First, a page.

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Adlerian pertains to the theory and practice of Alfred Adler (1870 - 1937), whose school of psychotherapy is called individual psychology (Individualpsychologie).[1]


Central to the Adlerian approach is to see the personality as a whole and not as the mere net result of component forces. Thus the term individual (indivisible) psychology.[2] Adlerians adopt a radical stance that cuts across the nature-nurture debate by seeing the developing individual at work in creating the personality in response to the demands of nature and nurture but not absolutely determined by them. The self-created personality operates subjectively and idiosyncratically. The individual is endowed with a striving both for self-development and social meaning - what Adler himself called "the concept of social usefulness and the general well-being of humanity"[3] - expressed in a sense of belonging, usefulness and contribution, and even cosmic consciousness.[4]


Neurosis and other pathological states reveal the safe-guarding or defensive strategems (largely unconscious or out of awareness) of the individual who believes her- or himself to be unequal to the demands of life, in a struggle to compensate for a felt weakness, physical or psychological.[5]

In "normal" development, the child has experienced encouragement and accepts that her or his problems can be overcome in time by an investment of patient persistence and cooperation with others. The "normal" person feels a full member of life, and has "the courage to be imperfect" (Sofie Lazarsfeld).

In less fortunate circumstances, the child, trapped within a sense of inferiority, compensates - or overcompensates, perhaps in grandiose fashion[6] - by striving, consciously and unconsciously, to overcome and solve the problems of life, moving "from a felt minus to a felt plus". A high level of compensation produces subsequent psychological difficulties.[7]


In cases of discouragement the individual, feeling unable to unfold a real and socially valid development, erects a fantasy of superiority - what Adler termed "an attempt at a planned final compensation and a (secret) life plan"[8] - in some backwater of life, which offers seclusion and shelter from the threat of failure and annihilation of personal prestige. This fictional world, sustained by the need to safeguard an anxious ego, by private logic at variance with reason or common sense, by a schema of apperception which interprets and filters and suppresses the real-world data, is a fragile bubble[9] waiting to be burst by mounting tension within and by assaults from the real world.[10] The will to be or become has been replaced by the will to seem.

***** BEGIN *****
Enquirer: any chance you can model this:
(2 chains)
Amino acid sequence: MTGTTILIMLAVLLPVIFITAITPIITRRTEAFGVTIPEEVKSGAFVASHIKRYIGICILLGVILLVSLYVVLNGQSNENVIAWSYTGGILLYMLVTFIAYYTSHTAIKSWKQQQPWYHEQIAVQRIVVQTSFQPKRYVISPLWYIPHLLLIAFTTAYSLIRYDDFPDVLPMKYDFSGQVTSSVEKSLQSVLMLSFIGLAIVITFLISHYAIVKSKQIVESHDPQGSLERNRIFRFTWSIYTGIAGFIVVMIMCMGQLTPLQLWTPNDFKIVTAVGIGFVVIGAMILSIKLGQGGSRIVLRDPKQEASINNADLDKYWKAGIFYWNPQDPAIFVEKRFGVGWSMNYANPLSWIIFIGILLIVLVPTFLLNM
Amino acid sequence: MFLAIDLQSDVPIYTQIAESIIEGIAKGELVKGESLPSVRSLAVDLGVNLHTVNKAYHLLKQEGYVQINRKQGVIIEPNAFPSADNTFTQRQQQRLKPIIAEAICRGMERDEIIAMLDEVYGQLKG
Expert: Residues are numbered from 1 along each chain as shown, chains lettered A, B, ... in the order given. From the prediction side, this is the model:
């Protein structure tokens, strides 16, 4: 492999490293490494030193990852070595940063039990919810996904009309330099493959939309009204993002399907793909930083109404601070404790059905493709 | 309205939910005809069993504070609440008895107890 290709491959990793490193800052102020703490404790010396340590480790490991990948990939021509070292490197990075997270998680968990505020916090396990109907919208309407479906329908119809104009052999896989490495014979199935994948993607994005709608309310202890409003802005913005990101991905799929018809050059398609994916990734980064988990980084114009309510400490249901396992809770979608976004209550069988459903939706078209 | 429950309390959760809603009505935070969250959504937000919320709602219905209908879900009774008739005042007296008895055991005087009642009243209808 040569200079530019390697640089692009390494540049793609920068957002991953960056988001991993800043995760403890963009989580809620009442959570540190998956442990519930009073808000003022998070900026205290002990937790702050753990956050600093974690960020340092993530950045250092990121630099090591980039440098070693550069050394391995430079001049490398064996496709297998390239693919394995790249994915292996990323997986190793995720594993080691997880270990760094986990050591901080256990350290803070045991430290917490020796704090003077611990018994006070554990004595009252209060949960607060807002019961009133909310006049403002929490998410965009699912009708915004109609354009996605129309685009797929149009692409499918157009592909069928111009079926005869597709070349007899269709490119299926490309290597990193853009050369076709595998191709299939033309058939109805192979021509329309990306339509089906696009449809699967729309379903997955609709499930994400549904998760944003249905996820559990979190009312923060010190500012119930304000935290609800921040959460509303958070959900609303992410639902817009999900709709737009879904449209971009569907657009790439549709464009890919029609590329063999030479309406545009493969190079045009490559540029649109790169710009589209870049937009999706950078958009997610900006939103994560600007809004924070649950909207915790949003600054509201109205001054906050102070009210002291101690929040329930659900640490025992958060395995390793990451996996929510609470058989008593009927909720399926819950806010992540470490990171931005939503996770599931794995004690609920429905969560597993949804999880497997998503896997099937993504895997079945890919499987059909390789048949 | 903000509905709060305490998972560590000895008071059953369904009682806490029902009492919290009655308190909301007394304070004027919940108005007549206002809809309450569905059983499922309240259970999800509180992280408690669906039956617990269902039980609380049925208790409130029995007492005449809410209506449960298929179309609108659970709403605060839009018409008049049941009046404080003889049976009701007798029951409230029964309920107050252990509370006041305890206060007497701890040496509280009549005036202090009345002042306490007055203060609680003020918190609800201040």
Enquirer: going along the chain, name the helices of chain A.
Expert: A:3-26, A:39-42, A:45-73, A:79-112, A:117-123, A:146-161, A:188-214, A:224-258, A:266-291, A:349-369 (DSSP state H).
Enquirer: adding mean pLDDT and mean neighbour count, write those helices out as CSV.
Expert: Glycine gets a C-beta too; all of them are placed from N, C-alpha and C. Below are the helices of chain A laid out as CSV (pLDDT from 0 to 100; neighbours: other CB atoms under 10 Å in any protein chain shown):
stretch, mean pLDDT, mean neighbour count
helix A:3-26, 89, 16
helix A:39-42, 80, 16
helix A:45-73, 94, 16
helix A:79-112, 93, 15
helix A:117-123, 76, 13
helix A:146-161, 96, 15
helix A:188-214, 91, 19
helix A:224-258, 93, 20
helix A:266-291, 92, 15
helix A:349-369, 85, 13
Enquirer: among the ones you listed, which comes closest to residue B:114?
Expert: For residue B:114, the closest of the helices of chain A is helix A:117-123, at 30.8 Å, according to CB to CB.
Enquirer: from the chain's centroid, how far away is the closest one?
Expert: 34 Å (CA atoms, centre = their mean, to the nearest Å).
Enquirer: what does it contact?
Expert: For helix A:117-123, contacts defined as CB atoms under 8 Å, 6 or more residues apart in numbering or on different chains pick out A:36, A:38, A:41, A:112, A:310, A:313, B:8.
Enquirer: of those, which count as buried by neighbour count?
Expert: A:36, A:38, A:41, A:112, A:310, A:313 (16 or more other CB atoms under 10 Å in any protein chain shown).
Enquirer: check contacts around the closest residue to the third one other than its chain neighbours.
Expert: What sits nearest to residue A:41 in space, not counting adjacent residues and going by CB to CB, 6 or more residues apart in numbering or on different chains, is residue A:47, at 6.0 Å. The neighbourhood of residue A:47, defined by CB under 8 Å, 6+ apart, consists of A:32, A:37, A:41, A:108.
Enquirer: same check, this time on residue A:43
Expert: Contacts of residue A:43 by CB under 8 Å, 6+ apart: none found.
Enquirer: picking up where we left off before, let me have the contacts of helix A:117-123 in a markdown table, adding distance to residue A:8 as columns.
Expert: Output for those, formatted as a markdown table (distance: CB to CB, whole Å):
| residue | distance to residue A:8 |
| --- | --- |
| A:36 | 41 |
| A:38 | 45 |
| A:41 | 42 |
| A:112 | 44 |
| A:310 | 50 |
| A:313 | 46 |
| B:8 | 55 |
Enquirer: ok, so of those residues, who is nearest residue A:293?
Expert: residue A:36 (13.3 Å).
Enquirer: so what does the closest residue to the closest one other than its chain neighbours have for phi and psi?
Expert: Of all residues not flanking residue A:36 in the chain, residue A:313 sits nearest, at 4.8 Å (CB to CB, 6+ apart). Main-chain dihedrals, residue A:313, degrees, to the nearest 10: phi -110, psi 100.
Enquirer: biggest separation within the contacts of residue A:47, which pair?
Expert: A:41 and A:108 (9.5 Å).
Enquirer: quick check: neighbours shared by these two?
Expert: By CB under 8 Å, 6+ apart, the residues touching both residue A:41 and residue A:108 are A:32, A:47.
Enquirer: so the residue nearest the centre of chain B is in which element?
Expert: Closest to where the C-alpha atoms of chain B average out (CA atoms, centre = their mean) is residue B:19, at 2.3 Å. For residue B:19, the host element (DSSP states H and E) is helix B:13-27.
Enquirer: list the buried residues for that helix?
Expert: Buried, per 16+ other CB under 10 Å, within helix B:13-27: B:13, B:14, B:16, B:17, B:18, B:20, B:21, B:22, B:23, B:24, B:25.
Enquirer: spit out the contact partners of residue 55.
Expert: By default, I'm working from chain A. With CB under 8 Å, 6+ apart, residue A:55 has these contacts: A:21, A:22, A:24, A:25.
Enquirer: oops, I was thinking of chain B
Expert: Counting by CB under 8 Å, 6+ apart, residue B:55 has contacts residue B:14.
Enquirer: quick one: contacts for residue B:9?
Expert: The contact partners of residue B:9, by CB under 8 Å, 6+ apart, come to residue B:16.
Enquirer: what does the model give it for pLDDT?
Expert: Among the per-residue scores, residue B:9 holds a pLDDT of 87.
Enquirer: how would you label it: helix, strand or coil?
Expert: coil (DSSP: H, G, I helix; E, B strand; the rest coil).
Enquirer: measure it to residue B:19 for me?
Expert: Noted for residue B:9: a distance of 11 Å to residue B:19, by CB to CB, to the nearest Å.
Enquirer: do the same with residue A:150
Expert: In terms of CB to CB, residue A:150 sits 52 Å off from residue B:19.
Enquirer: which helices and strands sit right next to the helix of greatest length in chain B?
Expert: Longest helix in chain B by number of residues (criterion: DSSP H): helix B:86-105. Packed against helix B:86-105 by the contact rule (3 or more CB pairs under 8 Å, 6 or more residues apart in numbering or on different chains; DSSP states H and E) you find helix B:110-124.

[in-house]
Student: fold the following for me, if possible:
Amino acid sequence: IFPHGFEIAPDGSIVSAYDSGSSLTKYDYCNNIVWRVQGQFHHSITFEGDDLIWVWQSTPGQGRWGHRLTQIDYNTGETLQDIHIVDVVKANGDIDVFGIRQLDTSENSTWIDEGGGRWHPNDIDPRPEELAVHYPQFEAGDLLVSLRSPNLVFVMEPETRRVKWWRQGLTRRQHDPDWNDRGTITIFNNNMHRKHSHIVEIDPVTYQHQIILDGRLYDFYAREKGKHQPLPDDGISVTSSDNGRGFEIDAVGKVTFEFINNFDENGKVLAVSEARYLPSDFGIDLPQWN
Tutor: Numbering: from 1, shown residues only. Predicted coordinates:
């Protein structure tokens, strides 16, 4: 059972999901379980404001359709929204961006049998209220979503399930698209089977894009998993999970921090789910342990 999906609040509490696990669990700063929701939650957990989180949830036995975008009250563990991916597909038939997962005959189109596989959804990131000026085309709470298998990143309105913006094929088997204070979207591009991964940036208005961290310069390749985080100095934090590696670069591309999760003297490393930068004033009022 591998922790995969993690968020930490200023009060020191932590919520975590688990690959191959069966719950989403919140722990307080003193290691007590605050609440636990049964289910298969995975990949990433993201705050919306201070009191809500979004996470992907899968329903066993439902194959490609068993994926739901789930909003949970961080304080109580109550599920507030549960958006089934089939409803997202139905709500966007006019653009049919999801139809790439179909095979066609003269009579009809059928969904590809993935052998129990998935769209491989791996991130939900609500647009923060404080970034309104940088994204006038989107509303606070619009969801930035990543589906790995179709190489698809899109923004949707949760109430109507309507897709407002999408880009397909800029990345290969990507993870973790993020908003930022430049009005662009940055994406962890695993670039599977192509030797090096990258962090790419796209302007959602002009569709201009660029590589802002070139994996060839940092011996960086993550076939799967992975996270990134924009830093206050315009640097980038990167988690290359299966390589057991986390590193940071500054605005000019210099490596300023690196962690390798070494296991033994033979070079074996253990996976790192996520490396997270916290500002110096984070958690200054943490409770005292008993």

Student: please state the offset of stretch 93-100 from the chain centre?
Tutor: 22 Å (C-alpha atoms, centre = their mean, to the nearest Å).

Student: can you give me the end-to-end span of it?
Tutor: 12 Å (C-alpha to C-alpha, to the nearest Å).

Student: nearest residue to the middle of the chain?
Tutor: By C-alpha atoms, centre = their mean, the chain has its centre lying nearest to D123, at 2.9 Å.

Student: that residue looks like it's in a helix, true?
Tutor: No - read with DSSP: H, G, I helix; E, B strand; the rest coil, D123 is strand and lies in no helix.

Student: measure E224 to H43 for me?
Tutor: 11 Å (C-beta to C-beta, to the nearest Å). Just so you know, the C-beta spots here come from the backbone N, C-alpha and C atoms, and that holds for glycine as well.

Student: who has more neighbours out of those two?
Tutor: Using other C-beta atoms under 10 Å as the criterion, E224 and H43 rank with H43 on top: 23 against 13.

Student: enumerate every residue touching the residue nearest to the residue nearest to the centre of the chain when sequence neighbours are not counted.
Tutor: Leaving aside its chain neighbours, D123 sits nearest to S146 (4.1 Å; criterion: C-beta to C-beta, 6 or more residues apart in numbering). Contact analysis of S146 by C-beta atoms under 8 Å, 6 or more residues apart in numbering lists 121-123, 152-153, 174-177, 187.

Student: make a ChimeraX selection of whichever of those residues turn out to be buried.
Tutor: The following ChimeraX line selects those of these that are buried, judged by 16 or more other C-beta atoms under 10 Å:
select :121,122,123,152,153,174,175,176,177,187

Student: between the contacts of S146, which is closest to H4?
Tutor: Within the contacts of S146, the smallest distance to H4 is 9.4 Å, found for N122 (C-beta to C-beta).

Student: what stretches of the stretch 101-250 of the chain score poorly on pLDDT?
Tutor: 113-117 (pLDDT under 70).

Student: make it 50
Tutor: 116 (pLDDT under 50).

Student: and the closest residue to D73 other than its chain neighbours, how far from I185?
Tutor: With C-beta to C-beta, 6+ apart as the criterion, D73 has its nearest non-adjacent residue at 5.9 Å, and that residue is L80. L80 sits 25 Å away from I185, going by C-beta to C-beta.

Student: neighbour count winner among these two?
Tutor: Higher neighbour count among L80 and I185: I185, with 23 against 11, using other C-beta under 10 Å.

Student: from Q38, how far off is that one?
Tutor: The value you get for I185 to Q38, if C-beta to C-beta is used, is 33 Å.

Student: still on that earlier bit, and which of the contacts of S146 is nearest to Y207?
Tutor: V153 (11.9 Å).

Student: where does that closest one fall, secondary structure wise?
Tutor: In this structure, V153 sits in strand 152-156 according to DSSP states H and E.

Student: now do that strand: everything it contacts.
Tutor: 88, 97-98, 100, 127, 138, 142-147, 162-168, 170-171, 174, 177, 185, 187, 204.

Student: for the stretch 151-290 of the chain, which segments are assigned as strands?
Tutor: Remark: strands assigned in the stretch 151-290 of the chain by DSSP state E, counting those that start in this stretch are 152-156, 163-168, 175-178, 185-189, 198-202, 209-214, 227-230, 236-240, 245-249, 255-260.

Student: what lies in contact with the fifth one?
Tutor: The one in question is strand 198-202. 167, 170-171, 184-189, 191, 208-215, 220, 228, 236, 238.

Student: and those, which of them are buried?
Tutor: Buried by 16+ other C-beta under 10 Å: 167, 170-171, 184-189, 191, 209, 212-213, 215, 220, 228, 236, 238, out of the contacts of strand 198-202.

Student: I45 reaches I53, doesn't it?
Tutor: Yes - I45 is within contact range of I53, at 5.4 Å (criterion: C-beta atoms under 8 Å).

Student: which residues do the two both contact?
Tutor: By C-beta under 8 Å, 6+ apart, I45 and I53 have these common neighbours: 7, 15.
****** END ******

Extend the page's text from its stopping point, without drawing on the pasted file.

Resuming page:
At the heart of Adlerian psychotherapy is the process of encouragement,[11] grounded in the feeling of universal cohumanity and the belief in the as yet slumbering potential of the patient or client. By making the patient aware of their secret life plan, the therapist is able to offer an alternative outlook better adapted to the wider world of social interests.[12]

This process of encouragement also makes the Adlerian approach so valuable to all those professions that concern themselves with the development and education of children - therapeutic education being one of Adler's central concerns.[13]

Continuing influence[edit]

Henri Ellenberger wrote in the seventies of "the slow and continuous penetration of Adlerian insights into contemporary psychological thinking".[14]

Adlerians continue to flourish in the 21st century, some employing an eclectic technique integrating elements of other therapies, from the psychodynamic to the cognitive, others focusing on a more classical approach.[15]

Notable Adlerians[edit]

See also[edit]


  1. ^ Brian Lake, 'Adler, Alfred', in Richard Gregory ed., The Oxford Companion to the Mind (1987) p. 5-7
  2. ^ J. & E. Sommers-Flanagan, Counselling and Psychotherapy Theories in Context and Practice (2012) p. 82
  3. ^ Alfred Adler, Understanding Human Nature (1992) p. 141
  4. ^ Henri F. Ellenberger, The Discovery of the Unconscious (1970) p. 609
  5. ^ Adler, Understanding p. 40
  6. ^ Adler, Understanding p. 70-1
  7. ^ Lake, p. 6
  8. ^ Adler, quoted in Eric Berne, What Do You Say After You Say Hello? (1974) p. 58
  9. ^ Adler, Understanding p. 188-9
  10. ^ Ellenberger, p. 608
  11. ^ J. Frew/M. D. D. Spiegler, Contemporary Psychotherapies for a Diverse World (2012) p. 116
  12. ^ Ellenberger, p. 620
  13. ^ Ellenberger, p. 621-2
  14. ^ Henri F. Ellenberger, The Discovery of the Unconscious (1970) p. 644
  15. ^ Frew/Spiegler, p. 93-4

Further reading[edit]

A. Adler, 'Individual Psychology', in G. B. Levitas ed., The World of Psychology (1963)

External links[edit]